GlycoDelete: the road to plant-grown pharmaceuticals

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What if our pharmaceuticals could be grown in plants? It might sound like science fiction, but two VIB/UGent research groups are working hard to scrap the “fiction” part. In a recent paper published in Nature Biotechnology, Prof. Nico Callewaert and Prof. Ann Depicker describe how they addressed pharming’s most pressing problem: plant glycosylation.

“Pharming,” or the use of plants as production systems for therapeutic proteins, has been problematic for a long time. The biggest hurdle lies in the process of protein glycosylation: animal and plant cells show important differences in sugar residues present on the proteins. Because of this, plant-produced therapeutic proteins that are injected into mammals or humans can cause severe allergic and immunogenic reactions, since the plant glycans are recognized as foreign substances.

Shearing off the sugars

Through a close collaboration, the VIB/UGent research groups of Prof. Nico Callewaert and Prof. Ann Depicker are now well on their way to solving this longstanding problem.

“Different strategies are possible for this problem,” Callewaert says. “You could shut off the genes coding for the enzymes that carry out glycan synthesis, for instance. This is not as evident as it sounds, as there are many genes involved in glycosylation. Generating many knock-out lines and breeding them into one stable line would be a very time-consuming project. Although such an approach is possible with model plants, it wouldn’t be feasible with true crops, which have long generation times. Many crops are also polyploid, further complicating the matter.”

“We opted to use a different strategy, applying our so-called GlycoDelete technology. By combining a single knock-out with one overexpression, we were able to completely remove the sugar residues from the proteins, and for many protein types this is a robust solution.”

The GlycoDelete technology was developed in Callewaert’s lab, originally for use in mammalian cells to circumvent glycan heterogeneity and simplify protein purification. GlycoDelete encompasses two interventions: knocking out the gene encoding the GnT I enzyme (N-acetylglucosaminyltransferase I) and overexpressing the endoT enzyme (endo-N-acetyl-β-D-glucosaminidase) present in the fungus Hypocrea jecorina. In doing so, Callewaert’s team created an efficient tool for cleaving glycans at a molecular level. Combined with the transgene of a therapeutic protein of interest, plants can produce glycan-free pharmaceuticals that won’t elicit allergic reactions.

GlycoDelete: no downsides
Of course, glycosylation happens for a reason. Doesn’t cutting these sugar chains impair protein functionality? Not according to Callewaert:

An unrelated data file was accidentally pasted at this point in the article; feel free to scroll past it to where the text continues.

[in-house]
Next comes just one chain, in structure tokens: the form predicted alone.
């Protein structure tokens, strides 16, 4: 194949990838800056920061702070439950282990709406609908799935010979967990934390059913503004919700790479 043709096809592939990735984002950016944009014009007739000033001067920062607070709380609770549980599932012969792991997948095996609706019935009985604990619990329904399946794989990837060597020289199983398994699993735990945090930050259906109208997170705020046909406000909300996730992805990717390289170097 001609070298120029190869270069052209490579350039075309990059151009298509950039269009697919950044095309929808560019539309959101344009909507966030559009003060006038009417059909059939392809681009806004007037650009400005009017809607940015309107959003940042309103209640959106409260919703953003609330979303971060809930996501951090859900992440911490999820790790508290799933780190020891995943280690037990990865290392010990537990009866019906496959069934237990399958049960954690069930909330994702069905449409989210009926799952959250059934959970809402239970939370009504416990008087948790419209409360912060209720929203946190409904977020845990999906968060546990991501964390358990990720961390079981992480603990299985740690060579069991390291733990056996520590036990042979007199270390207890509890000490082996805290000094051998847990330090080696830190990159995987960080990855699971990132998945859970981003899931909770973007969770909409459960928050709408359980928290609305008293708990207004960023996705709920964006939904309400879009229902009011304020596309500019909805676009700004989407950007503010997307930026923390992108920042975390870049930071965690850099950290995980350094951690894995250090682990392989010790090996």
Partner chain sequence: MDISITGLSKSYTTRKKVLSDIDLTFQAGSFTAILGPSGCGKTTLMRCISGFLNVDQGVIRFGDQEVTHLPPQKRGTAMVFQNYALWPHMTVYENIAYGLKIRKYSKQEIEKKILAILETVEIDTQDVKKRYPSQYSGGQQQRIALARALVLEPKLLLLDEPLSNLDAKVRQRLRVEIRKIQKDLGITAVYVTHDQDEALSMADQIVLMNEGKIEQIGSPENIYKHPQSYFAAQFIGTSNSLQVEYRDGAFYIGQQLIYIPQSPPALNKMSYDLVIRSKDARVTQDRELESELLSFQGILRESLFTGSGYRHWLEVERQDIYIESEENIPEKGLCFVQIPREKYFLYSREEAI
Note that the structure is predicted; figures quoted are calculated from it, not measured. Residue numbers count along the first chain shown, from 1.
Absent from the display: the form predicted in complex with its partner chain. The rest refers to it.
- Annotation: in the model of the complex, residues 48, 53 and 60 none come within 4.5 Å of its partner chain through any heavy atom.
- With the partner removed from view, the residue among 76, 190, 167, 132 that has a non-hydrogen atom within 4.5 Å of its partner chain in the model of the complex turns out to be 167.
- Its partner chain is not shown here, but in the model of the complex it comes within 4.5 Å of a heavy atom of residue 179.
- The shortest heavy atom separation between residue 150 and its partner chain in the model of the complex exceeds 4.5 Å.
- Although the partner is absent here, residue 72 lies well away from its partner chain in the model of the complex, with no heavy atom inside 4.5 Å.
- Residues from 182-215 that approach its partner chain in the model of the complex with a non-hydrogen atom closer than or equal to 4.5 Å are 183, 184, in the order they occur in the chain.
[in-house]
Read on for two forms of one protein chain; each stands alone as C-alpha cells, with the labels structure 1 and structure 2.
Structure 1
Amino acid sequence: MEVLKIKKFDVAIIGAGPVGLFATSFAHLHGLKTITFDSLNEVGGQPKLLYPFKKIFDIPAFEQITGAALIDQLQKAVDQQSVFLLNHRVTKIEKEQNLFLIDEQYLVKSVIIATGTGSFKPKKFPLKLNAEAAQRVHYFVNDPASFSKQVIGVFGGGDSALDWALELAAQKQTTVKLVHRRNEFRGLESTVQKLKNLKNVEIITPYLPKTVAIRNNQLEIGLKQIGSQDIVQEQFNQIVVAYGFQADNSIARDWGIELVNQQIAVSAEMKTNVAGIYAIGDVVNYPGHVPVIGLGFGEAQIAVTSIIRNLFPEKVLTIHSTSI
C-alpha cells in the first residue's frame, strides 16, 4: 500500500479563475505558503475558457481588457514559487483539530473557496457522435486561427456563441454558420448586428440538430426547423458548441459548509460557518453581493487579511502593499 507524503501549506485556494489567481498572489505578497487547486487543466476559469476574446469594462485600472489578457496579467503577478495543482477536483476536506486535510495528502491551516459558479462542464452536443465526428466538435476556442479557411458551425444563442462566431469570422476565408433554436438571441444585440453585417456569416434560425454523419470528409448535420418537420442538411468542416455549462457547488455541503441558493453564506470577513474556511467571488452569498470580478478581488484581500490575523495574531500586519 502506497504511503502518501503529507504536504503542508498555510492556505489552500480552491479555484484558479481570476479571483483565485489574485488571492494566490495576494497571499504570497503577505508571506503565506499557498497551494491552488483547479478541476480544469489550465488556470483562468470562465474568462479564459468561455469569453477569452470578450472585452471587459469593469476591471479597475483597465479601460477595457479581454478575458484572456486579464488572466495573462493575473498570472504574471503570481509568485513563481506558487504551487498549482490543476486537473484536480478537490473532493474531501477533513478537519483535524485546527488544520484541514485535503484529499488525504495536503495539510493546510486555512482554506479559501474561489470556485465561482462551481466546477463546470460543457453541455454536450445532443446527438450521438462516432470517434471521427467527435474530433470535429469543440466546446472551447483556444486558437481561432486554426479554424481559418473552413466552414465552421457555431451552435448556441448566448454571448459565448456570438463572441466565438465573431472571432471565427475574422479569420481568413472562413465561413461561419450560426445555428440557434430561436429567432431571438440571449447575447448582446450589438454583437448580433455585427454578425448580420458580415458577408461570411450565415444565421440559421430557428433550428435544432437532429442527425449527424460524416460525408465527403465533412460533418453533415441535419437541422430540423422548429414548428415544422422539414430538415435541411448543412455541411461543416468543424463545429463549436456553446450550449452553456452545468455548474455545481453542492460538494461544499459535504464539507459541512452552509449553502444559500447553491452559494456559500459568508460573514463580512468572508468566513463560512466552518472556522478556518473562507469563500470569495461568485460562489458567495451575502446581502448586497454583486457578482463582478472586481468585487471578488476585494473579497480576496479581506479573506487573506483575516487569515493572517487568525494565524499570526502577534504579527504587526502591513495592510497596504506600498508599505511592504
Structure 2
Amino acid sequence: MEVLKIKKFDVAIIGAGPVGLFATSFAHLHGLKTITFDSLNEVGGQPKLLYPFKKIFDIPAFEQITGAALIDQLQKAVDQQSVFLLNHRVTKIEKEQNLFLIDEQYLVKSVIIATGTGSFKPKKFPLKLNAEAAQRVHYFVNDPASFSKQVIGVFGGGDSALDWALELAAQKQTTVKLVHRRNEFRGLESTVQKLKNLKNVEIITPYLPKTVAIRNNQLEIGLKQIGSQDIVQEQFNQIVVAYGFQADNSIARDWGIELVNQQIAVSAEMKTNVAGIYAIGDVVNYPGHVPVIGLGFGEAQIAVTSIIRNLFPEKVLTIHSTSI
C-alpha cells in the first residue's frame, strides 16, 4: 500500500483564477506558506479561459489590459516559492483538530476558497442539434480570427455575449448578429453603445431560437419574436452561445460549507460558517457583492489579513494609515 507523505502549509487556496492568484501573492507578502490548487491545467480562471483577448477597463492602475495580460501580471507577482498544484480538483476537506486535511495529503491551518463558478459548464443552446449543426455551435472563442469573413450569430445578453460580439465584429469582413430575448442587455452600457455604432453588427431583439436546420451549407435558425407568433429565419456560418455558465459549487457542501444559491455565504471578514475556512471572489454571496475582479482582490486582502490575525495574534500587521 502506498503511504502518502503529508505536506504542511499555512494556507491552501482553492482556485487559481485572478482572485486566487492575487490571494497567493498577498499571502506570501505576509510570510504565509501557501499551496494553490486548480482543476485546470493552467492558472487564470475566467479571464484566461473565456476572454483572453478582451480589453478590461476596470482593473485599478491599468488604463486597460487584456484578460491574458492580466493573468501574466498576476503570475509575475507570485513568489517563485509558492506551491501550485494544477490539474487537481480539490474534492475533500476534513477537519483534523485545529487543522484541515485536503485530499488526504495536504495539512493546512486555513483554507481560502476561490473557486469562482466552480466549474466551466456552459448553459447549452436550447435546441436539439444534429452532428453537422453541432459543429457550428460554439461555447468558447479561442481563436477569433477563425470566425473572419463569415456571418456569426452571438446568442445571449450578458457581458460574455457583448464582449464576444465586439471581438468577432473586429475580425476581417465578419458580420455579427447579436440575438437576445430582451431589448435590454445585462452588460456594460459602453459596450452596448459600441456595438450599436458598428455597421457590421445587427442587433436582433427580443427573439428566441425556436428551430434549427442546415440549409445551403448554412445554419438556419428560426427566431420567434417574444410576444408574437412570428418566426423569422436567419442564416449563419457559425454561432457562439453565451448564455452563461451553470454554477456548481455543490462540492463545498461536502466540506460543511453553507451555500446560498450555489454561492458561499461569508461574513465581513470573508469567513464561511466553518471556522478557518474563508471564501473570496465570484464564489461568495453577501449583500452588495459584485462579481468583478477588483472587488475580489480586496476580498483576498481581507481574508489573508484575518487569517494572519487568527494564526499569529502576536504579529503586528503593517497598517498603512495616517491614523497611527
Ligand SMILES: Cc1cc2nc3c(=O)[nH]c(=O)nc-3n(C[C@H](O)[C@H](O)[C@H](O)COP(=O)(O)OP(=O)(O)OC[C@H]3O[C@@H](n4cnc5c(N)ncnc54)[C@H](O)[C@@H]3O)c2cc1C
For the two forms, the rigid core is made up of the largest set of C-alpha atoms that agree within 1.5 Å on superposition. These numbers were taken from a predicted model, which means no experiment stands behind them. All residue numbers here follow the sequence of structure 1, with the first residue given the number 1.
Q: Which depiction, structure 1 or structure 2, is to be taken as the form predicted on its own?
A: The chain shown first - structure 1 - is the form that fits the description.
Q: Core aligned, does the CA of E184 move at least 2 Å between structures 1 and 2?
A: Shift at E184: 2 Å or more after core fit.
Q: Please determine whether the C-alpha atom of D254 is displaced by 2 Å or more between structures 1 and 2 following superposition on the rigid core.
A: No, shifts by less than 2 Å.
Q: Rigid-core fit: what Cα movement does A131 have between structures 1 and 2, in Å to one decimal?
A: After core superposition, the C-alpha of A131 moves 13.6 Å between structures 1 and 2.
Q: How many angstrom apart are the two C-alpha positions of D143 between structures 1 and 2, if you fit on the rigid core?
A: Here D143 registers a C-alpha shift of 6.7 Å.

“In our earlier studies with GlycoDelete, we thoroughly checked for function loss in a number of protein categories, but we found none. We also witnessed no phenotypical changes in the mammalian GlycoDelete cell lines, and the GlycoDelete plants developed in a perfectly normal fashion.”

“We mainly focus on monoclonal antibodies, since these are such an important part of today’s pipeline of medicines. Antibodies are used for various purposes: some are meant to kill tumor cells, while others are designed simply to neutralize certain factors in the body. Our GlycoDelete antibodies mainly belong to the second group. By using GlycoDelete, we do not make proteins lose their function — we modulate their function. Of course, this technique isn’t the ultimate answer to every protein production problem in plants, but it still offers a good solution for many of them.”

Beans as pills

Plants offer one very big plus in terms of protein production: storage. Plant seeds can contain a large amount of proteins and store them for extended periods of time. Beans and peas, for instance, can be preserved for years in a dried state without losing their germination potential — all essential components remain present within the seeds. This would be extremely useful in situations such as pathogen outbreaks, where vast amounts of therapeutic proteins would be needed quickly. The possibility to store therapeutic proteins would decouple production from downstream processing for the first time, enabling a more efficient and flexible workflow.

But that’s not the only advantage of seeds as protein storage vehicles:
“Also, the administration of therapeutic proteins to the large intestine is facilitated by seed storage,” Callewaert explains. “Seeds containing therapeutics can simply be eaten. The seed matrix also acts as a protective capsule for the protein as it passes through the harsh environments of the stomach and small intestine. Seeds are very well suited for those applications.”

The applications for GlycoDelete plants are numerous, but, as always, a lot of work still needs to be done. “Our publication deals with a proof of concept study in Arabidopsis,” Callewaert says. “The next step will be implementing the GlycoDelete technology in crops with protein-rich seeds.”
We surely look forward to hearing more about this exciting technology!


Piron, Robin, et al. “Using GlycoDelete to produce proteins lacking plant-specific N-glycan modification in seeds.” Nature biotechnology 33.11 (2015): 1135-1137.

Meuris, Leander, et al. “GlycoDelete engineering of mammalian cells simplifies N-glycosylation of recombinant proteins.” Nature biotechnology 32.5 (2014): 485-489.

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